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NEWS
February 13, 2015
I'VE BEEN disappointed by many people in my lifetime as, I'm sure, have you. Unless we have hopes that exceed our expectations, life is a colorless and barren experience. At best, it's a mediocre slog. But when you trust someone to act honorably and then they turn around and betray you with dishonesty, it hurts. Depending upon your investment in that person and his or her place in your world, the hurt could be as fleeting as a paper cut or as painful and enduring as an amputation. By that measure, what Brian Williams did is a small bruise, one that will fade in a week or two. I had few expectations of the man who fed me the nightly news, someone who had a pleasant enough delivery, a nice face and some real journalistic chops.
NEWS
June 8, 2005 | By John Shiffman INQUIRER STAFF WRITER
A controversy over a chili commercial featuring two national icons from the Philadelphia region - the pro football narrator known as the "Voice of God" and the Campbell Soup Co. - has been settled. The son of the late John Facenda Sr., the veteran Philadelphia television anchor famous for his thunderous and melodramatic NFL Films narrations, sued the Camden-based soup company last year alleging it used a Facenda-sounding voice without permission or compensation. A cash settlement was approved Monday by U.S. District Judge Eduardo C. Robreno.
NEWS
July 20, 2006 | By Vernon Clark INQUIRER STAFF WRITER
The family of the legendary Philadelphia broadcaster John Facenda has filed a federal lawsuit against the NFL and NFL Films over the use of his well-known and distinctive voice to hawk a video game in an infomercial. A lawyer for the family, Paul Lauricella of the Beasley Law Firm in Philadelphia, yesterday said the suit was filed Monday in U.S. District Court in Philadelphia and names the NFL, NFL Properties L.L.C., and NFL Films Inc. as defendants. The suit contends that the defendants allowed recordings of the baritone known as the "Voice of God" to be used last August in an infomercial in advance of the release of a popular football video game, Madden 2006.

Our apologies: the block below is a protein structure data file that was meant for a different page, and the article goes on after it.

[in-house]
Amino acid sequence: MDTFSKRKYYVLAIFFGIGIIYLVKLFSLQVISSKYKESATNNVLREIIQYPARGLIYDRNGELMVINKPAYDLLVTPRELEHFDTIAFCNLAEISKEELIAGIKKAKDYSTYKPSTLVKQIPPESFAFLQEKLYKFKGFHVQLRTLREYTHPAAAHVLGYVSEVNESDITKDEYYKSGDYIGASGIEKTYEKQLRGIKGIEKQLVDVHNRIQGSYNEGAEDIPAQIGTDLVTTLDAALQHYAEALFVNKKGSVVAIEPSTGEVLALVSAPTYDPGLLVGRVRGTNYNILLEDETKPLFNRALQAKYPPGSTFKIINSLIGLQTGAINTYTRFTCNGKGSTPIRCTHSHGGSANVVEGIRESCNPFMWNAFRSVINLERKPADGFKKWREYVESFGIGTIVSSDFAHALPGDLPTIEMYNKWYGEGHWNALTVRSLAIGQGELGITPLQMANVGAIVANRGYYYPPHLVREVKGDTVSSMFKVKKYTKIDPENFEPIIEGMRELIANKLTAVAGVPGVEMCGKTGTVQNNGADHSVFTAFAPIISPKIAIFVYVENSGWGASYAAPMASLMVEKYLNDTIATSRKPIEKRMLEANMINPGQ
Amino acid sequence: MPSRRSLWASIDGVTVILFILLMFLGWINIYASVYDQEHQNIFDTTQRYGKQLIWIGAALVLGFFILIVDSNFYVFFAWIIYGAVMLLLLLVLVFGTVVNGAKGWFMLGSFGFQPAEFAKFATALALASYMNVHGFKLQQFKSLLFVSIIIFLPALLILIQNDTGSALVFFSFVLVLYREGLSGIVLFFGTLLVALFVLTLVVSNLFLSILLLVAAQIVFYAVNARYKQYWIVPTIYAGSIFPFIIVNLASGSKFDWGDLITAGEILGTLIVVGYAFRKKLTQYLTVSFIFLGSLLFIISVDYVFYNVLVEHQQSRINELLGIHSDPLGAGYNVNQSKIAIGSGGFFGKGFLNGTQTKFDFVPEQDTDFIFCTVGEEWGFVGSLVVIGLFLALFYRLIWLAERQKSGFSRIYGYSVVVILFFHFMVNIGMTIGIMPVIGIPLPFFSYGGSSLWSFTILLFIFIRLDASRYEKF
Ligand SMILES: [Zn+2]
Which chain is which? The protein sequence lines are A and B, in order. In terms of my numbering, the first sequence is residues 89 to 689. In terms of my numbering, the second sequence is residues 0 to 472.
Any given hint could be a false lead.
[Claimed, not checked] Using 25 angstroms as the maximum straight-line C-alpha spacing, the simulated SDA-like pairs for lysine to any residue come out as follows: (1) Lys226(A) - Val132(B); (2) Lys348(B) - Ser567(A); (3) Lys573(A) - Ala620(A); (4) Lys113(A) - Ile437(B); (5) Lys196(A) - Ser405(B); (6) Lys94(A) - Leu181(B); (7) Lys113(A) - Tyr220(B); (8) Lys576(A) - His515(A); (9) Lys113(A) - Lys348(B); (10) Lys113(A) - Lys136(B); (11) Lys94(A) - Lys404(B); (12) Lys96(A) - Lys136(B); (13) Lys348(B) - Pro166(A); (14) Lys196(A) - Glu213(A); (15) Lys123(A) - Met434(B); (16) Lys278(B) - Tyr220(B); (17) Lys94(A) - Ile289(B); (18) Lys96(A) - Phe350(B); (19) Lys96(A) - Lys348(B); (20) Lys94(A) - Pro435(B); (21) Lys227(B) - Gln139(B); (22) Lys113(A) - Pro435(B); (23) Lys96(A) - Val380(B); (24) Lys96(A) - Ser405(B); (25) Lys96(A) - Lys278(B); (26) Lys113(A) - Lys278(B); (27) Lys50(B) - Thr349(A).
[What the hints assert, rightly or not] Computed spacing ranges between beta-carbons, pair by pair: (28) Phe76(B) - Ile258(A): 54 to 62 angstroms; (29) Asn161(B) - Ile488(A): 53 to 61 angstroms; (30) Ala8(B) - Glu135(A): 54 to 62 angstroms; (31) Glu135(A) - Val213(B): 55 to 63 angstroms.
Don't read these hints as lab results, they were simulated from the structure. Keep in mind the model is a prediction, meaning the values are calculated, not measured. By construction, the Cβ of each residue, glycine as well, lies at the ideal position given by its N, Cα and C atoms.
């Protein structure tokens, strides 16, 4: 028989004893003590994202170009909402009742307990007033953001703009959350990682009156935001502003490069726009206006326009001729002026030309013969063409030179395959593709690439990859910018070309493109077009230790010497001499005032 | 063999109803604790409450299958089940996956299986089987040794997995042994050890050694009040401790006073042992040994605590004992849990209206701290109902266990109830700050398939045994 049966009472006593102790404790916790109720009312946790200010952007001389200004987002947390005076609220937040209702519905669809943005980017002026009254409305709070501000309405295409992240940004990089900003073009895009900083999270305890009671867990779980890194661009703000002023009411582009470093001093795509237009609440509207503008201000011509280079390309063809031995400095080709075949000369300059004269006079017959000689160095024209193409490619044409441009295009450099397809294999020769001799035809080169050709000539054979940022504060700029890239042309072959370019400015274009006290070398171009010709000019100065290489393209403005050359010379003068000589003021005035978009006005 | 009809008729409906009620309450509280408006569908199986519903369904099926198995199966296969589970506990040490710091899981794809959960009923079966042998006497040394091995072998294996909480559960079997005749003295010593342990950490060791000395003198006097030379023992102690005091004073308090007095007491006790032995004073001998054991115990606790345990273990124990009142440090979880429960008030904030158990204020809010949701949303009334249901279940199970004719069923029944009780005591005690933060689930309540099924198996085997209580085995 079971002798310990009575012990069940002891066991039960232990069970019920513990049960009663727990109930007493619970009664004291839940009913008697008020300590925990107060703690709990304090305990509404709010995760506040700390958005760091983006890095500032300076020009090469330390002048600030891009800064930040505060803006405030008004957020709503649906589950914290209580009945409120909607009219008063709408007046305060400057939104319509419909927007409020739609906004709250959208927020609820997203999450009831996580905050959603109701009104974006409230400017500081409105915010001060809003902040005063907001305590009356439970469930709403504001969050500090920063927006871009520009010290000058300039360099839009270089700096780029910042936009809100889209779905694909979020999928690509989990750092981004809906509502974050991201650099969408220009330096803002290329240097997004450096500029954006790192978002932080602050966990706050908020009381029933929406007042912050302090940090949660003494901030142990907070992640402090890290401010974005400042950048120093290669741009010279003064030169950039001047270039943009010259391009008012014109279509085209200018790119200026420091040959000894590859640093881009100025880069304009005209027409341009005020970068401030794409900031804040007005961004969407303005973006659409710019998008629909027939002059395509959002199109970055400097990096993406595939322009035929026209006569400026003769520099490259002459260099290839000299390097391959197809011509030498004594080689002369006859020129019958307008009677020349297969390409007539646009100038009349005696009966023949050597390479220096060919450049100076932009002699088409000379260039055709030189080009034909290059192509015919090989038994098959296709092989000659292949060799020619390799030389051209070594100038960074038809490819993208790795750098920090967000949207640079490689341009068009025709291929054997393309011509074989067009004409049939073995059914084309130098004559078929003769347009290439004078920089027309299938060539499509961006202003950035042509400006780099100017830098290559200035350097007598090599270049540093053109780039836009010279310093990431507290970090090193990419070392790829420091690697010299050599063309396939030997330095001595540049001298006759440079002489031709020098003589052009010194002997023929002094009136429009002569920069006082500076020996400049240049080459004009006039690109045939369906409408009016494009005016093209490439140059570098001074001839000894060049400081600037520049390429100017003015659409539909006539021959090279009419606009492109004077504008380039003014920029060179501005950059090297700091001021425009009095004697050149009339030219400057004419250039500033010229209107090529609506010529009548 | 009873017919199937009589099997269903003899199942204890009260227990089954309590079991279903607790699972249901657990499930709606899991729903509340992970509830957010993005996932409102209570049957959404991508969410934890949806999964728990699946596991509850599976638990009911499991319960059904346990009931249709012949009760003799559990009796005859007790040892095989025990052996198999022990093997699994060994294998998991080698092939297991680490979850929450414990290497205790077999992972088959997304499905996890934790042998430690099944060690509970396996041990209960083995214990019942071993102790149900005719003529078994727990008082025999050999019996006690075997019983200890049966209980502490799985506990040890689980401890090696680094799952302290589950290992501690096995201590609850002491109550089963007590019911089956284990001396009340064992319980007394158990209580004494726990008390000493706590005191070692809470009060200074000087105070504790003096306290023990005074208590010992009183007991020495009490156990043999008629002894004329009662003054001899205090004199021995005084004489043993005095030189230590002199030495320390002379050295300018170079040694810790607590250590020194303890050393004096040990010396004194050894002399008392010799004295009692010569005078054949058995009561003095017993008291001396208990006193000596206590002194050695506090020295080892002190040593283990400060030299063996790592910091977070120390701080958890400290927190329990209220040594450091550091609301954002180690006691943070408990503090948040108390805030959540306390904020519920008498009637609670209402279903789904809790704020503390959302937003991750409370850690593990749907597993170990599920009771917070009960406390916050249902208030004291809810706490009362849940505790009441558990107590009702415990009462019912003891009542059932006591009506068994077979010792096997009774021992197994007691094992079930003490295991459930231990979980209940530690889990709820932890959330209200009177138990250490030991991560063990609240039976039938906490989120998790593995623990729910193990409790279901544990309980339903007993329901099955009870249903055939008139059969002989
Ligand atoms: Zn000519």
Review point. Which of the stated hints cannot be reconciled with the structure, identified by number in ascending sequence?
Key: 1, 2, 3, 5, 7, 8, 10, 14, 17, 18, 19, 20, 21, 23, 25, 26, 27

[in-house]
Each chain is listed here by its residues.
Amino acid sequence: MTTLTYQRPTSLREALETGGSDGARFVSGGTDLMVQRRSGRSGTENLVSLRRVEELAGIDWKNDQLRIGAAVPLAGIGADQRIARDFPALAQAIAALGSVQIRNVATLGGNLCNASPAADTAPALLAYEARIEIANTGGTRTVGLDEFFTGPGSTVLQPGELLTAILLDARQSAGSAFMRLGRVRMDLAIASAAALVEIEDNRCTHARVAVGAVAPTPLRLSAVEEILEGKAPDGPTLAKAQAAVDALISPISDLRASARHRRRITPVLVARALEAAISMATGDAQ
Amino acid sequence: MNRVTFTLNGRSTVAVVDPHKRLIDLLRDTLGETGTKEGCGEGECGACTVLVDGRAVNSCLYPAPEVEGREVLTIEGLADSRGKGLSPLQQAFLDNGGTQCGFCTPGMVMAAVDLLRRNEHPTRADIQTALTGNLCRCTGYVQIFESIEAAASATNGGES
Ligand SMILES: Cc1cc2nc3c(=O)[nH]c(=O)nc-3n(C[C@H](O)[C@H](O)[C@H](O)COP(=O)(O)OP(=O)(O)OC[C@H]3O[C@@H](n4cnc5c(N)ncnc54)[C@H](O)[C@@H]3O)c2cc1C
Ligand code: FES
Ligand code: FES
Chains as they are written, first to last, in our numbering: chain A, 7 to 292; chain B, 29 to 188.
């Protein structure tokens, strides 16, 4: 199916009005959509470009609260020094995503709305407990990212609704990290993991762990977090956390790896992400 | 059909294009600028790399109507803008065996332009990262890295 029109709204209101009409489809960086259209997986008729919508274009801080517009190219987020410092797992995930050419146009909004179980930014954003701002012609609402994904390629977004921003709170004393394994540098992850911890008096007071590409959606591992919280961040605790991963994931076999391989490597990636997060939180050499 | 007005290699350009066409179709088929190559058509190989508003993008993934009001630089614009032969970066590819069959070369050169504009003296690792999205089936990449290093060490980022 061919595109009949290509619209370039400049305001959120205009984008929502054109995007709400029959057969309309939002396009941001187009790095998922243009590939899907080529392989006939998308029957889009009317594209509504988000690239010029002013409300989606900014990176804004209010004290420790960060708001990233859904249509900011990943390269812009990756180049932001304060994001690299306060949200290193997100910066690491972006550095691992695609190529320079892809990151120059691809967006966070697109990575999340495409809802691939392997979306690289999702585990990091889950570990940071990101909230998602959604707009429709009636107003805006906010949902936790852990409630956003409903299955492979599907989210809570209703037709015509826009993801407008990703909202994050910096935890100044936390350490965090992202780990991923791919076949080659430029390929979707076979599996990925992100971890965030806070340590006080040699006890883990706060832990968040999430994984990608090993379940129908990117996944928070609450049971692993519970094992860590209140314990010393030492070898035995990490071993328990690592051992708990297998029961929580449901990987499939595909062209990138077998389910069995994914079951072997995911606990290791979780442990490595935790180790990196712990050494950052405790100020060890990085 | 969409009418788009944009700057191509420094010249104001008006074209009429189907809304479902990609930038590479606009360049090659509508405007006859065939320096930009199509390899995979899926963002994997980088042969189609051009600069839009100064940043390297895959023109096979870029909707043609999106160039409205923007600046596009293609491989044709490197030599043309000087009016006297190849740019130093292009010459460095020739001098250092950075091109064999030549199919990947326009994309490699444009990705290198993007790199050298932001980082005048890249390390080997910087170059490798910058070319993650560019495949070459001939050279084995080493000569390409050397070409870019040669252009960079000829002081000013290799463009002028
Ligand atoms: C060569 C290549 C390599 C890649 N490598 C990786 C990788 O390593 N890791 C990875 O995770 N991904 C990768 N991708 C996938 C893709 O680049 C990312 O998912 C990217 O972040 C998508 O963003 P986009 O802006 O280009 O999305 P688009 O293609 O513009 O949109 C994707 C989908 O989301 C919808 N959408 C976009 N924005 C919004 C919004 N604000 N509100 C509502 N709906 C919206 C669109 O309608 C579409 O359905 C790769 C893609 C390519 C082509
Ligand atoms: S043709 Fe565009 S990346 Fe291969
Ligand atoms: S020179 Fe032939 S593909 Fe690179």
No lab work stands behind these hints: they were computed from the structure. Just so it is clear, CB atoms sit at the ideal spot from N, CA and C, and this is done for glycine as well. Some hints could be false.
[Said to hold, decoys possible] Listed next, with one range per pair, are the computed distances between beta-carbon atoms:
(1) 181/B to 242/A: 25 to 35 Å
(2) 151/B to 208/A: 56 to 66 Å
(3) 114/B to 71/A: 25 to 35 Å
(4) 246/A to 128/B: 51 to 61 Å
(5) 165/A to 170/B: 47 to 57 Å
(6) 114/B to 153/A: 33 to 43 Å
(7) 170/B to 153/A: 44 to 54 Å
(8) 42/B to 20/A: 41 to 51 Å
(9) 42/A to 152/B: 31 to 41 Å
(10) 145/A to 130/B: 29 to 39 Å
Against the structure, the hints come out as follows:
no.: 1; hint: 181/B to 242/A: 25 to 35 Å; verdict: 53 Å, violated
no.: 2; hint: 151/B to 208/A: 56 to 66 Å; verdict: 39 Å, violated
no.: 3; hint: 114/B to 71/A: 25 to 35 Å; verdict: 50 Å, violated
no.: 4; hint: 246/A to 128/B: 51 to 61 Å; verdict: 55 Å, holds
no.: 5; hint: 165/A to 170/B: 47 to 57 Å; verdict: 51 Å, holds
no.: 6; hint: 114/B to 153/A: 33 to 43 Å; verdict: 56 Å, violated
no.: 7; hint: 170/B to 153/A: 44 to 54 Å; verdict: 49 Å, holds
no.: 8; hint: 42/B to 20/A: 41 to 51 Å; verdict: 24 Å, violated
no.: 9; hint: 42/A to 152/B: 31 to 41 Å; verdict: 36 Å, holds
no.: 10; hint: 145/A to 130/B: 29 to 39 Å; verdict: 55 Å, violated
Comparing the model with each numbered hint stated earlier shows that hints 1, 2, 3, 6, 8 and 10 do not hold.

NEWS
September 8, 2000
Negative reporters positively obscene It's a shame we don't have journalists today like Walter Winchell, David Brinkley, John Facenda and Walter Cronkite. Professionalism was their trademark. They weren't downgraders and negative. Reporters today should take a page from these four great journalists' books. Journalists today like to dig up dirt. They will cause the United States to bust wide open, because of going too far with reporting things that are no interest to the public.
SPORTS
May 4, 2007 | Daily News Wire Services
The son of legendary NFL Films announcer John Facenda can seek damages for the use of his father's voice on a program about a John Madden video game, a federal judge ruled here yesterday. Facenda, in a written agreement signed before his 1984 death, gave the NFL full use of his announcing work - except when it came to any product endorsement, the judge's order said. John Facenda Jr. has been vigilant about protecting the use of his father's thundering baritone, which some have dubbed "the voice of God. " The ruling allows him to seek damages from a jury on the question of liability, although U.S. Magistrate Judge Jacob P. Hart threw out his invasion-of-privacy claim.
NEWS
November 20, 2012 | BY JOHN F. MORRISON, Daily News Staff Writer morrisj@phillynews.com, 215-854-5573
IF YOU WERE going to follow John Facenda on the air, you had to have a great voice. Maybe nobody could match the legendary Facenda, whose familiar baritone was called the "voice of God" when he broadcast for NFL Films. But Jeff Kaye brought it off. After Facenda died in 1984, Jeff became the voice of NFL Films, lending his own sonorous baritone to the pro-football features of the Mount Laurel, N.J.-based company. Maybe not quite God, but close to it. "I can say to this day, when I look at some of the shows Jeff narrated over the years, I am still fascinated by the way he told a story," said Kevin McLoughlin, director of post-production for NFL Films.
SPORTS
September 23, 2012